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Shaping effective mental health services


By Carolyn Wickware
14 August 2017

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Mental health is often talked about as a Cinderella service, failing to get the attention it deserves. This has started to change in recent years, most notably with the NHS Five-Year Forward View and the supplementary Five-Year Forward View for Mental Health. Although we have been talking about ‘parity of esteem’ between mental and physical health for some time, we are now seeing evidence of that talk converting to action, but there is a risk that it is happening in silos.

Mental health is often talked about as a Cinderella service, failing to get the attention it deserves. This has started to change in recent years, most notably with the NHS Five-Year Forward View and the supplementary Five-Year Forward View for Mental Health. Although we have been talking about ‘parity of esteem’ between mental and physical health for some time, we are now seeing evidence of that talk converting to action, but there is a risk that it is happening in silos.

There are pockets of innovative work going on around the country that are making inroads into some of the most challenging mental health conditions. There are still significant barriers to overcome, however – from understanding the true cost and impact of mental healthcare to developing sustainable solutions for the huge variety of complex conditions that fall within this area.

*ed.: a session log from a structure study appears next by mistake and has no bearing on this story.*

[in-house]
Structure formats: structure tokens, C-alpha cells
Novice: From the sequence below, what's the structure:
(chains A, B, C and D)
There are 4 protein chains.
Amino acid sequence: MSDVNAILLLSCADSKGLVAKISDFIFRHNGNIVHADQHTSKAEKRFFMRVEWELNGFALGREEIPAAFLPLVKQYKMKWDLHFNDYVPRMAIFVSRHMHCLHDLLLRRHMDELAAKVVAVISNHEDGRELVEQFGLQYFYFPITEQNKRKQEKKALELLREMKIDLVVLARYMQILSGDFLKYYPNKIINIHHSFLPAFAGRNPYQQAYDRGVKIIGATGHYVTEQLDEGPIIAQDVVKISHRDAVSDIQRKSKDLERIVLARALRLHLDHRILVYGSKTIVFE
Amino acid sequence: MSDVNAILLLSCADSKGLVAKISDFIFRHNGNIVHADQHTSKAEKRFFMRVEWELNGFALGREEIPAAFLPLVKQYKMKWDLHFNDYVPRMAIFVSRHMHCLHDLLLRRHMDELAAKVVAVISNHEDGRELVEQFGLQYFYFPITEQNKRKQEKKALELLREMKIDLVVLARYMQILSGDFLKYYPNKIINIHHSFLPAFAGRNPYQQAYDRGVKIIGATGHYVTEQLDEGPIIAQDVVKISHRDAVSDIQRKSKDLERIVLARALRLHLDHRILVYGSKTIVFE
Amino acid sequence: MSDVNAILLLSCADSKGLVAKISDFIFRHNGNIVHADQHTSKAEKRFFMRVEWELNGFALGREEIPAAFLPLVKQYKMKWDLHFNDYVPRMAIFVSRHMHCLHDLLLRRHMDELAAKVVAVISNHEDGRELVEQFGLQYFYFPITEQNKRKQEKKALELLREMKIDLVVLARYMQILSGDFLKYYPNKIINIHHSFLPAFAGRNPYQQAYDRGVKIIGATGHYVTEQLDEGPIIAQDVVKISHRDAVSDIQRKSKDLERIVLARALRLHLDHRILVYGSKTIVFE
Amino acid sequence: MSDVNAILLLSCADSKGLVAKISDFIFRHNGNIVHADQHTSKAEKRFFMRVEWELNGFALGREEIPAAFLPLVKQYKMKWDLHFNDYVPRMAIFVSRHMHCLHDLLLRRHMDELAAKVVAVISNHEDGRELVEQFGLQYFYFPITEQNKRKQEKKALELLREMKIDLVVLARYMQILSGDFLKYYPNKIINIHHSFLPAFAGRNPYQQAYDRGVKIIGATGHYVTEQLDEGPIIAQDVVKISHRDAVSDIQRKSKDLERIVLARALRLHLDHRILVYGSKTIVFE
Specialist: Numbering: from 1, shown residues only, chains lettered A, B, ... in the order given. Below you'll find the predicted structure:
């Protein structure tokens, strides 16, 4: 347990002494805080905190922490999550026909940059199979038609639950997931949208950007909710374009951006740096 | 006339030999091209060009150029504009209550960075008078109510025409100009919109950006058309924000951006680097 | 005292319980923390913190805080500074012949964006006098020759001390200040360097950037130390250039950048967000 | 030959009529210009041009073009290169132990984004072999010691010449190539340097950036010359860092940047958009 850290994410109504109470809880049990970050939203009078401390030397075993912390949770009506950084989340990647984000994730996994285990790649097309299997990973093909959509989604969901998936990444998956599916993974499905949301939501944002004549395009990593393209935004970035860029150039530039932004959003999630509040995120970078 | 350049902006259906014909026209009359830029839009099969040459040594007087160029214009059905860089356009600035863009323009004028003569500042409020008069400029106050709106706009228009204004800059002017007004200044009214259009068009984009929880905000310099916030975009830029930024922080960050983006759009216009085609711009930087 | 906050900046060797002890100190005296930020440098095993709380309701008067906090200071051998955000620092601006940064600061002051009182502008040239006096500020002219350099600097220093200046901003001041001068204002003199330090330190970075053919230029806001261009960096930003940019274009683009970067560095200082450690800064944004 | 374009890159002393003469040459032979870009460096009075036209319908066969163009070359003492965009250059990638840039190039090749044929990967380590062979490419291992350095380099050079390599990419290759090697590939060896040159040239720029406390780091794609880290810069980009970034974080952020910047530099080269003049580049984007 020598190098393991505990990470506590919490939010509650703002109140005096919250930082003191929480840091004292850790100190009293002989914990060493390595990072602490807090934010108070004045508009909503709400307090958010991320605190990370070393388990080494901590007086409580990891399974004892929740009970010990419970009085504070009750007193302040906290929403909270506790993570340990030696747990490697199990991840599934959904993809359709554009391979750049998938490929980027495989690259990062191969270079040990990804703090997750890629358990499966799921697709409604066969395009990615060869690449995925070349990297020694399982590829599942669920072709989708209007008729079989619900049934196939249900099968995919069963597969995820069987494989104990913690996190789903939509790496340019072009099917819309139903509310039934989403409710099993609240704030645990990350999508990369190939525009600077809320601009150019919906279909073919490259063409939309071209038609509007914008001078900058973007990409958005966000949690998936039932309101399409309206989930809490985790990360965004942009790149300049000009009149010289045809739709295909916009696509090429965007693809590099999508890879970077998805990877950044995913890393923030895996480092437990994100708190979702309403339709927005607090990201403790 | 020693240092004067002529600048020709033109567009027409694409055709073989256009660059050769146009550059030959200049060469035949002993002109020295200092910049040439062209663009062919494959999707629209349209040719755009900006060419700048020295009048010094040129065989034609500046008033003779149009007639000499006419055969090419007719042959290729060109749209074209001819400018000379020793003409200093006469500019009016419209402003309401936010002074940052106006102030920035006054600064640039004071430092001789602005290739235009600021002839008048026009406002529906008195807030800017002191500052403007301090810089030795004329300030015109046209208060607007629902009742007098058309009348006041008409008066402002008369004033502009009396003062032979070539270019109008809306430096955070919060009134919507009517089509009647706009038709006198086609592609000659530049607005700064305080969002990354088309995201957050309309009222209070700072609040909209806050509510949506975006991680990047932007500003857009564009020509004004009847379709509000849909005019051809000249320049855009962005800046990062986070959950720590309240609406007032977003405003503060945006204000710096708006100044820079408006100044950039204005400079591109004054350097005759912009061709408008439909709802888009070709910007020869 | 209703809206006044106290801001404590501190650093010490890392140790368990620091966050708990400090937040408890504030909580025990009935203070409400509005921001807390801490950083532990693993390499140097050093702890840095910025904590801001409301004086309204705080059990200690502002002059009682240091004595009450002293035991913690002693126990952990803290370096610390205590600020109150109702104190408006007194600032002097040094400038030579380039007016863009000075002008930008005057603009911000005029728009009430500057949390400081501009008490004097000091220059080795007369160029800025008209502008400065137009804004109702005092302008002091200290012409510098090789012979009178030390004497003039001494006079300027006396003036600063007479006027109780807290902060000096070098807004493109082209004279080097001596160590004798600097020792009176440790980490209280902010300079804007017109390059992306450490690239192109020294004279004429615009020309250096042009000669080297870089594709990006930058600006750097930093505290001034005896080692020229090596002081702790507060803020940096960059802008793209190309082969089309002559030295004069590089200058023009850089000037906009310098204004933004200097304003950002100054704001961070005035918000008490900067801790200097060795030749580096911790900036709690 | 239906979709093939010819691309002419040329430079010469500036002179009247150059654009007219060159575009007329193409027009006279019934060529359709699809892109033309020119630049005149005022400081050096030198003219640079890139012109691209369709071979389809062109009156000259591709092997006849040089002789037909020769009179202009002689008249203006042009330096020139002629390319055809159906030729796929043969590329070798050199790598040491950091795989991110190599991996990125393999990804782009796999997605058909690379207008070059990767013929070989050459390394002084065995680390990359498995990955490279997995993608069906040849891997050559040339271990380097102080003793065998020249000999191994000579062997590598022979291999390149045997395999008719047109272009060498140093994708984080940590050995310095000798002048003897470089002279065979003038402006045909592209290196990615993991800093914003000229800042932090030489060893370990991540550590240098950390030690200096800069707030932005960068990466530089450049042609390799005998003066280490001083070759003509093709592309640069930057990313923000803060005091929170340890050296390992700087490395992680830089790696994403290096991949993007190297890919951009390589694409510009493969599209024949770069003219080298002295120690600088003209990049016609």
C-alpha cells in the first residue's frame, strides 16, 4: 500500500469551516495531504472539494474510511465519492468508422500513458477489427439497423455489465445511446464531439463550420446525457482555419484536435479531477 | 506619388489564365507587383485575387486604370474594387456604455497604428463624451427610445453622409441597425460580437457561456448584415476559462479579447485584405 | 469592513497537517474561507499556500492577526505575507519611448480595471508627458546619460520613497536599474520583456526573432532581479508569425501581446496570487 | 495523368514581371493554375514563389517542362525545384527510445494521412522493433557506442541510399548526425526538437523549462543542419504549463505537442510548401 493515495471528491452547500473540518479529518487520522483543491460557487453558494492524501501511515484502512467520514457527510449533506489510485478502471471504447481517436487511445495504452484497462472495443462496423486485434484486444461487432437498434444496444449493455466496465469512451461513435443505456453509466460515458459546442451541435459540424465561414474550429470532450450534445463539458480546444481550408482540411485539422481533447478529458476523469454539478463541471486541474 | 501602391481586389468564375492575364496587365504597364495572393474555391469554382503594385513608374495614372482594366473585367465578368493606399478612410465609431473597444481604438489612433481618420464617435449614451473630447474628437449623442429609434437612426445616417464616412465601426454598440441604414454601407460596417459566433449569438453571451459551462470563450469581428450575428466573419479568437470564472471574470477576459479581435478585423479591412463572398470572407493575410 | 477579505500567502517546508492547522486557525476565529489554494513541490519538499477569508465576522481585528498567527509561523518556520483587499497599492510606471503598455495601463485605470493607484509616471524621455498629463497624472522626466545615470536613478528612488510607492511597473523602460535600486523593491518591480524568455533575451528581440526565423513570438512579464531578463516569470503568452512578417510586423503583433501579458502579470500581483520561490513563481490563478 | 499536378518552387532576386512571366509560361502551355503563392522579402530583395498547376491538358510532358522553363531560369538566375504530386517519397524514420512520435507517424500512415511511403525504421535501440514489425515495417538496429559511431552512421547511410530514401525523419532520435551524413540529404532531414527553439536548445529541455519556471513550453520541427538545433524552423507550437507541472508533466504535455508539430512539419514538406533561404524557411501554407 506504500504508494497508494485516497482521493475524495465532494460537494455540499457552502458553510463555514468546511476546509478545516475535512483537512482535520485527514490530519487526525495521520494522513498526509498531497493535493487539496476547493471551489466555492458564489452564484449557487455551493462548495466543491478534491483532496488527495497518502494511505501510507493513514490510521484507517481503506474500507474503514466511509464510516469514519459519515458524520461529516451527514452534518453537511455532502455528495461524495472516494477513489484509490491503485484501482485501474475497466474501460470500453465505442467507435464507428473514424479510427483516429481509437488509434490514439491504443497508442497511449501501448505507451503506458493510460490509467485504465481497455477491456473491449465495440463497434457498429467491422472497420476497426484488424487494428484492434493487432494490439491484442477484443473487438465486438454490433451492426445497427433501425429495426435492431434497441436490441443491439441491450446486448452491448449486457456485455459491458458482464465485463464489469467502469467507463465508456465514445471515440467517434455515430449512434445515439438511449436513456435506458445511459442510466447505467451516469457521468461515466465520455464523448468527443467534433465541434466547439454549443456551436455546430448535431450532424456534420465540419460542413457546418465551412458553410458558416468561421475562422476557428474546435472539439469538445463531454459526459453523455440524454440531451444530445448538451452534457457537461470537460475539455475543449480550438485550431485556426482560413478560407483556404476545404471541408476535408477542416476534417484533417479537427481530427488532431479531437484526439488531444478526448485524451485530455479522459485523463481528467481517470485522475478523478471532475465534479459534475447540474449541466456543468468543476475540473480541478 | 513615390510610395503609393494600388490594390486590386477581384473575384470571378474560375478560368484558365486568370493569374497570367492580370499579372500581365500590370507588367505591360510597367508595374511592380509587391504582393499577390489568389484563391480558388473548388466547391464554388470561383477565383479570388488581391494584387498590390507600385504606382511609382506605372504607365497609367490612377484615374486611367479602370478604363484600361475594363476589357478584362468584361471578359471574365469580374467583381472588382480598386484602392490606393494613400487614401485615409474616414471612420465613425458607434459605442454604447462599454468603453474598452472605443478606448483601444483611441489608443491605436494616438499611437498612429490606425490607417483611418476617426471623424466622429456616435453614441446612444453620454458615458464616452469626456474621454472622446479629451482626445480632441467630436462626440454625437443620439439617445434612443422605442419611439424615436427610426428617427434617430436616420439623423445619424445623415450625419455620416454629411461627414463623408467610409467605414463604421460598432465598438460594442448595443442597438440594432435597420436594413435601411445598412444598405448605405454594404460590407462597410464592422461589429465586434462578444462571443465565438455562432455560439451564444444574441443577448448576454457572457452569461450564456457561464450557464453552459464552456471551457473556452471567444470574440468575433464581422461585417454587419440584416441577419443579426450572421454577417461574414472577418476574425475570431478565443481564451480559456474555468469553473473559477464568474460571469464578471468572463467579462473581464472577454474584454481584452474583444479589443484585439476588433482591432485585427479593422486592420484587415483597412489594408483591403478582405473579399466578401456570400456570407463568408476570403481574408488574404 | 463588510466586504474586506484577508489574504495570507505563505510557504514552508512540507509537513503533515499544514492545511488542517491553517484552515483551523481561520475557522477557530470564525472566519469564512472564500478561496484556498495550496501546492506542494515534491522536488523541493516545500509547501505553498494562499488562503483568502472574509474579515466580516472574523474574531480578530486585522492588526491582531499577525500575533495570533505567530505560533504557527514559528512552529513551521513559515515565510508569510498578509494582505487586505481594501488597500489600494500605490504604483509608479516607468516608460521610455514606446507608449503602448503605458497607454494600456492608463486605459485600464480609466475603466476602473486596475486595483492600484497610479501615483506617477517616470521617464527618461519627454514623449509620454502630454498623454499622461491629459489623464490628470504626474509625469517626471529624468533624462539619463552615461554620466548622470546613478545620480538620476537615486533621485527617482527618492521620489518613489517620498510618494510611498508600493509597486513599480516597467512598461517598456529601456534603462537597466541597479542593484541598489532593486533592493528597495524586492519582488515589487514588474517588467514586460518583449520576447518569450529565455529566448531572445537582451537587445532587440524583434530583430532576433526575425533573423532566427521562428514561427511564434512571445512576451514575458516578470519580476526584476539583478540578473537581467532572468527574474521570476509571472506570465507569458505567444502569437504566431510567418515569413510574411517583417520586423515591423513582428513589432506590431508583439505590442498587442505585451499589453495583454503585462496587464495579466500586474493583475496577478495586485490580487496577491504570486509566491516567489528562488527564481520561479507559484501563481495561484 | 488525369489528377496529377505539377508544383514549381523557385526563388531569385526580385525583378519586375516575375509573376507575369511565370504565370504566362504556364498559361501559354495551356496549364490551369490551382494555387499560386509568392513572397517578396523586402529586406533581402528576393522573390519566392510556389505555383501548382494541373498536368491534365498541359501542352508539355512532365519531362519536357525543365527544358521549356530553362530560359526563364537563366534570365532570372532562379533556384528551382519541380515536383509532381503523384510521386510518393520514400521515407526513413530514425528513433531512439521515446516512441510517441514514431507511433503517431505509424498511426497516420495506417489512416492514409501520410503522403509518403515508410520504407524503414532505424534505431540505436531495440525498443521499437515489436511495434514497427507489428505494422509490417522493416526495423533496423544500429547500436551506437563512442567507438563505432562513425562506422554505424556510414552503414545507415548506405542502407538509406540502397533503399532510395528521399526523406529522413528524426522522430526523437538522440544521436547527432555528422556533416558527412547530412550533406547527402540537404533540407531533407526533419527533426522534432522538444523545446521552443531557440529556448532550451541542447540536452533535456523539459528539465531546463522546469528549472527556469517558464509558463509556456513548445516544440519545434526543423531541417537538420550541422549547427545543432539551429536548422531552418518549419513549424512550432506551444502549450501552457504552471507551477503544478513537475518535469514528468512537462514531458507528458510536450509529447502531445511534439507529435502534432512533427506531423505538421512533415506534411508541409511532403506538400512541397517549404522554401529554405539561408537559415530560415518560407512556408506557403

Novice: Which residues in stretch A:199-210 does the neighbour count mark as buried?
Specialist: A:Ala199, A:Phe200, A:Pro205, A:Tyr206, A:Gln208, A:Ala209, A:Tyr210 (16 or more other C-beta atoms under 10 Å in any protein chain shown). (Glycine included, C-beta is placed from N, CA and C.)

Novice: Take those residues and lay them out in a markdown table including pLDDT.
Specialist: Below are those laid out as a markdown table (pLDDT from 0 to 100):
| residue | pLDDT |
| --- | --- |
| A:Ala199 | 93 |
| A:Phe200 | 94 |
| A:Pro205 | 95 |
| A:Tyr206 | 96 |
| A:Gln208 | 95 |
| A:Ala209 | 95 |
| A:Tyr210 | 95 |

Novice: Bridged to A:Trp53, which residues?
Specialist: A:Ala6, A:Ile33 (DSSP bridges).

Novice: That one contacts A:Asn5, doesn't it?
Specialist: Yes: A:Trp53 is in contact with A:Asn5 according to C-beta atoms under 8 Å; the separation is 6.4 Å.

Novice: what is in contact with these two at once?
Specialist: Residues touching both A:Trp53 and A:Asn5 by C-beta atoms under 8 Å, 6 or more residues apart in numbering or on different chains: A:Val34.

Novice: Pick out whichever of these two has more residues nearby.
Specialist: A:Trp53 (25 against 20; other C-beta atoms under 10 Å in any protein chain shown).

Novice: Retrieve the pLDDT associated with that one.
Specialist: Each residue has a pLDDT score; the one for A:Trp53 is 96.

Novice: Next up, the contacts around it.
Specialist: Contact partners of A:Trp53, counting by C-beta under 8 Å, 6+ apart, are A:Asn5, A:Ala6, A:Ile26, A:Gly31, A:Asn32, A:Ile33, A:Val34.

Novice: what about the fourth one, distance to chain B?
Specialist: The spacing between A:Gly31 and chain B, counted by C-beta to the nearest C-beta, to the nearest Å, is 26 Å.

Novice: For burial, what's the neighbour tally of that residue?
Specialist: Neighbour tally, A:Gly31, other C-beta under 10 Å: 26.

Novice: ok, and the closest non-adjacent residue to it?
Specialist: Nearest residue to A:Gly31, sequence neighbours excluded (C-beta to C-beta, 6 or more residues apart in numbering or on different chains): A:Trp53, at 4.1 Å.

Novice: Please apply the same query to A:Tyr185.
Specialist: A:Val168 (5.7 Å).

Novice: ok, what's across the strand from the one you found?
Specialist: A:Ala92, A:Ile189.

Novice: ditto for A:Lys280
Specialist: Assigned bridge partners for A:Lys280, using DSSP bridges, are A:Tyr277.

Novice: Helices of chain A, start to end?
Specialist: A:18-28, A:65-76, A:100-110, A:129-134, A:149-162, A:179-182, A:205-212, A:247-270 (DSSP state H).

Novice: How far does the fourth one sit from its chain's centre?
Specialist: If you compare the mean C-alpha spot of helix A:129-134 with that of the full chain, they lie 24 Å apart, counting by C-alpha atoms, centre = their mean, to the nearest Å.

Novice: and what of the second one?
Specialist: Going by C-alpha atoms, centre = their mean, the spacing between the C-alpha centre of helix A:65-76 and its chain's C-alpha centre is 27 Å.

Delivering change in mental health services undoubtedly requires patience, determination, bravery and understanding. But in our enthusiasm to improve services, we must find effective ways to track and share successes that will enable emerging best practice to be shared swiftly across the country.

Understanding the conditions

Mental health is a very broad term, covering more than 200 disorders from depression and dementia to substance abuse and addiction. Some conditions are neurodevelopmental and others arise as a result of life trauma or another trigger. But all mental health conditions have the potential to impact on every other aspect of a patient’s health and wellbeing, to greater or lesser degrees. Those living with mental illness are more likely to feel isolated from their social network and can often experience difficulties with employment. That has a knock-on impact on where and how they live, which can lead to or exacerbate physical health conditions.

This complexity makes it very tempting to see change as too difficult, and yet there are good examples already emerging that are improving access to services and outcomes for patients.

As a member of a judging panel for an industry mental health award, I have had the privilege of reading about positive work to provide access to specialist support in the community. For example, the North East Hampshire and Farnham clinical commissioning group (CCG) Safe Haven project, delivered by Surrey and Borders Partnership NHS Foundation Trust, provides a drop-in, out-of-hours service to those experiencing or on the verge of a mental health crisis. The service was developed following feedback from mental health users. According to figures published by the CCG,1 it was attended 5,027 times in 2015. On 748 of these occasions, people said they would otherwise have gone to A&E.